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Progress Report : The Megill River System In On30

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  • Progress Report : The Megill River System In On30

    At the end of September, my family moved into a larger house, as the kids were growing, and I was seriously chafing at the bit for a dedicated train room. Well, the gods smiled upon us, and we found a perfect place out in the country.[:-bouncy] 3 1/2 acres meant that our resident petting zoo could come along, and the house had a 15 by 20 foot finished (train) room.

    After all the moving hullabaloo, work on the new layout started. I had a few ideas of what I wanted. No duckunder, as my back was still complaining from the last layout, and I'm not getting any younger, thinner, or more agile.

    Here's a shot of the room I had to work with.



    I built the first section of the layout frame from 1 by 4 pine, and laid it out on the floor.



    Once I'd made sure that my measurements were correct, and that the access door could be opened and closed, I built the feet from 2 by 4 pine for the rear, and 2 by 6 pine for the front.



    At that point, I glued 2 inch thick blue styrofoam to the framework with a latex-based caulk, and weighted the whole thing down with hardcover books.

  • #2
    ...Oops! Here's the styro and books.




    I put down track to represent a rough trackplan idea, mainly due to the fact that I'm abysmally terrible at actually sketching things out properly. I had a rough idea of what I wanted...a small locomotive servicing area, with water and coal towers, a sanding shed, and an ashpit along one section of track. I also wanted a small yard, and a turntable, with a three or four stall enginehouse. There was to be a return loop going around the whole section. Here's what I ended up with.


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    • #3
      Okay! Time to start putting down track. Here's what I'm doing. I am handlaying hand-cut 3/16 inch square basswood ties, and spiking code 83 rail to them. I started with the outer line of track, the return loop...with flat latex paint covering the styrofoam. Here are some of the ties glued down with yellow carpenter's glue.



      After the glue had dried, these babies were on really solidly! I sanded the tops gently, not to get them perfectly even, but just to eliminate any really bad height differences, which there actually weren't, anyway. I then stained the ties with Minwax Walnut stain, after testing it on a scrap piece of foam to make sure that it wouldn't eat the styrofoam base. I did not see it do so at all, and I have the added protection of a layer of latex paint, too. Here's what they looked like.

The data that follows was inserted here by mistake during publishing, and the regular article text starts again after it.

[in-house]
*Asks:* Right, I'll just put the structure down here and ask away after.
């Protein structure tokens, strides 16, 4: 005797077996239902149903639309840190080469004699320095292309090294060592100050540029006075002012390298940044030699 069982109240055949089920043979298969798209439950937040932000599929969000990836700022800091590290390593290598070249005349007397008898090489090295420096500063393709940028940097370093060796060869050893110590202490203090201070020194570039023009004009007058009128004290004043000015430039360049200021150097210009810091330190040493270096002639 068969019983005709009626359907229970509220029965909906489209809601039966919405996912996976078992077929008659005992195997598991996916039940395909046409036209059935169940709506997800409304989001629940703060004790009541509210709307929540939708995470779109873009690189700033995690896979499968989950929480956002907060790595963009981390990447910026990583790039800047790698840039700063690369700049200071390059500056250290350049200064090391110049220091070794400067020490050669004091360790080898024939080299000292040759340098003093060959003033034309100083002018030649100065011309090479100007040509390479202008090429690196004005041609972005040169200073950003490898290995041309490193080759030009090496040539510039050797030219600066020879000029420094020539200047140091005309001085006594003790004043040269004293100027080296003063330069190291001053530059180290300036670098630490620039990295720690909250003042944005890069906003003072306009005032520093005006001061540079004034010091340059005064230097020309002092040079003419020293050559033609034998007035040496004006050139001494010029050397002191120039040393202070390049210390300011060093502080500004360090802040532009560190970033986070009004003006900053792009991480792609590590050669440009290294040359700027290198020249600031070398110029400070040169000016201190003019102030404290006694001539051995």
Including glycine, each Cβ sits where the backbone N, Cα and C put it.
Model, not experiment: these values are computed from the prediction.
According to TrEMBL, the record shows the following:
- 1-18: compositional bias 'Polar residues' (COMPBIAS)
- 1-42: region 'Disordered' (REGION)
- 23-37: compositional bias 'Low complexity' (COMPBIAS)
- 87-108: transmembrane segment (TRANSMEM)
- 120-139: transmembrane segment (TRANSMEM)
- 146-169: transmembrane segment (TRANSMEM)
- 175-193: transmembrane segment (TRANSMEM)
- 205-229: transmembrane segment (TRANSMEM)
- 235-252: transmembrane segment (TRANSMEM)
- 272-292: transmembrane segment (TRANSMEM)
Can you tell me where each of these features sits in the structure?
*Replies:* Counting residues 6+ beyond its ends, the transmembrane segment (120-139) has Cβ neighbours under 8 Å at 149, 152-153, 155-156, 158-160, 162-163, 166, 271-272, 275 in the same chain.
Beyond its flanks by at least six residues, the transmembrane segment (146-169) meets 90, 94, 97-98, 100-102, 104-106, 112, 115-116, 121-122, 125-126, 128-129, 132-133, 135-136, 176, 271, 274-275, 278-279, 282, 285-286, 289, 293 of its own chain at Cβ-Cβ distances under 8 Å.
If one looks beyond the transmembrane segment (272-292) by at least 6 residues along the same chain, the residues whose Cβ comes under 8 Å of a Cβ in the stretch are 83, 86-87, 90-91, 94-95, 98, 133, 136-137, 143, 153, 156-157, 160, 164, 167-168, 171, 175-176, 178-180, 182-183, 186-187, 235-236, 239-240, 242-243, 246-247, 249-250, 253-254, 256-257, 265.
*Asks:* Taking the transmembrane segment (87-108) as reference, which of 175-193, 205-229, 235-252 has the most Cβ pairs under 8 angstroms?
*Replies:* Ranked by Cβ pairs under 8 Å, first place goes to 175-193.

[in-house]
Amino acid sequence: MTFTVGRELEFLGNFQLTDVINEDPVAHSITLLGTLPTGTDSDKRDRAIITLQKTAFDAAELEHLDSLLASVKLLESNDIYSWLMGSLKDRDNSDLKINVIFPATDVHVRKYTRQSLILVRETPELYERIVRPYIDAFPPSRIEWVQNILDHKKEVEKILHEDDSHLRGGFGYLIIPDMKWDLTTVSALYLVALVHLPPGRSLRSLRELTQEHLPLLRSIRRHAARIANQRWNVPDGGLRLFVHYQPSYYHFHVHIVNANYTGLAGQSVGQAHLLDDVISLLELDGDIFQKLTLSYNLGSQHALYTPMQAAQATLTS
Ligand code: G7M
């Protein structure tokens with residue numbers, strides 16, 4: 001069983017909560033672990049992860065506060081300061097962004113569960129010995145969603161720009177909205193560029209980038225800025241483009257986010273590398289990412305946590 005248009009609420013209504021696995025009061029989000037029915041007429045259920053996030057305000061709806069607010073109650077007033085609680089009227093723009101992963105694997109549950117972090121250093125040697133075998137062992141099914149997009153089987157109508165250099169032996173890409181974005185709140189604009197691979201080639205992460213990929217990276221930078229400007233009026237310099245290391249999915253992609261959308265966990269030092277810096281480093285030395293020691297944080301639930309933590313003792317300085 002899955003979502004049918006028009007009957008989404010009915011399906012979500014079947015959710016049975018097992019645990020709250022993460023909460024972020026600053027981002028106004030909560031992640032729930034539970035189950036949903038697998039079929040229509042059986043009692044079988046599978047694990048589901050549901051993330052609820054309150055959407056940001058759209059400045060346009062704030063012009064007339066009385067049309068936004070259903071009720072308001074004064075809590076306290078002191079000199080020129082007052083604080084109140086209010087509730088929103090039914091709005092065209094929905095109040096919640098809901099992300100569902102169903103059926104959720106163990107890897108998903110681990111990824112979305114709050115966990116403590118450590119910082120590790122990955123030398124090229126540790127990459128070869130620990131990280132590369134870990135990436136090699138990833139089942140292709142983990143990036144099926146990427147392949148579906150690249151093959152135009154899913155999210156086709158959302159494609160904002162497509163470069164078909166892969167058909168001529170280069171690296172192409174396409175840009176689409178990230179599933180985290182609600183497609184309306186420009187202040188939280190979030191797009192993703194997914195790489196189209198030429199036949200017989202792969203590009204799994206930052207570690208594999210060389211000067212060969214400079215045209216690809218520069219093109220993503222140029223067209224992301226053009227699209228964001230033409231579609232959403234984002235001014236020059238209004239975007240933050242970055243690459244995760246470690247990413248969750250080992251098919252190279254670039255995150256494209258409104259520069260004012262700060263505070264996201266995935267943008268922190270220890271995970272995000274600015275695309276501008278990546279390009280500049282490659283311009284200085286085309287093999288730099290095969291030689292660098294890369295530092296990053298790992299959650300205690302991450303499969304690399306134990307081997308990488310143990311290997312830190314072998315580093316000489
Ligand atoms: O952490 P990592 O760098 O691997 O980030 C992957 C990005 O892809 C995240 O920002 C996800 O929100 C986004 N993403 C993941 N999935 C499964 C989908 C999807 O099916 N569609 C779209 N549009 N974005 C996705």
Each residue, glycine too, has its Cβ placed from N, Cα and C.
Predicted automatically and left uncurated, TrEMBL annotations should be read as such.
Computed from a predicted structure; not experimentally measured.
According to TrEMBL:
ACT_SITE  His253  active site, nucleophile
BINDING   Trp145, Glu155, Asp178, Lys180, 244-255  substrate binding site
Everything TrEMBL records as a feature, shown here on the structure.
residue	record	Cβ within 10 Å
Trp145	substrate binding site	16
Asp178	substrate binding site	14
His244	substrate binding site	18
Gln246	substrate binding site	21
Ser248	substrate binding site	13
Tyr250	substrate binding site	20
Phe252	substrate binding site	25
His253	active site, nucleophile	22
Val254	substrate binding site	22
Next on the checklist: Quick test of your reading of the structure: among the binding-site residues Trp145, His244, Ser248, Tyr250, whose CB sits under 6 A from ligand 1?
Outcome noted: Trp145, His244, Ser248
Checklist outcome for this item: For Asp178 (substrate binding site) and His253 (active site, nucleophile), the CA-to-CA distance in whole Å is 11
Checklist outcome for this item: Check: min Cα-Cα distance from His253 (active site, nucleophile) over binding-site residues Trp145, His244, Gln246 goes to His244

Next, it was time to lay the rail, and spike. Someone gave me a wonderful tip when I first started, and that was to leave a few HO ties on the track as rough gauge spacers, which are later removed as tracklaying progresses. Here is a picture that shows what I used to spike the track,as well as some of the HO ties still in place.



      More follows...

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      • #4
        That is the basis of how my trackwork is done. Now, is the tedious process of actually completing all the track that I need laid. Here is a shot of the runaround track, with the future water, sand, coal and ashpit area between the two tracks.



        Next, came the small three-track yard, which I have just finished today. I find it rather funny that the small yard holds more rolling stock than I actually have. Here is a progress shot of the beginning of the yard construction.




        Two little plastic people discuss the rail-laying progress...



        Will update soon...

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        • #5
          Steve I've been following your progress over at the Gauge with alot of interest as I'm thinking about doing something with On30. What is the radius of your loop? While I prefer the looks of flex to handlaid you are doing a very nice job! 8D

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          • #6
            Steve, this is a great looking layout you're building! :up:

            Are you handlaying your turnouts also?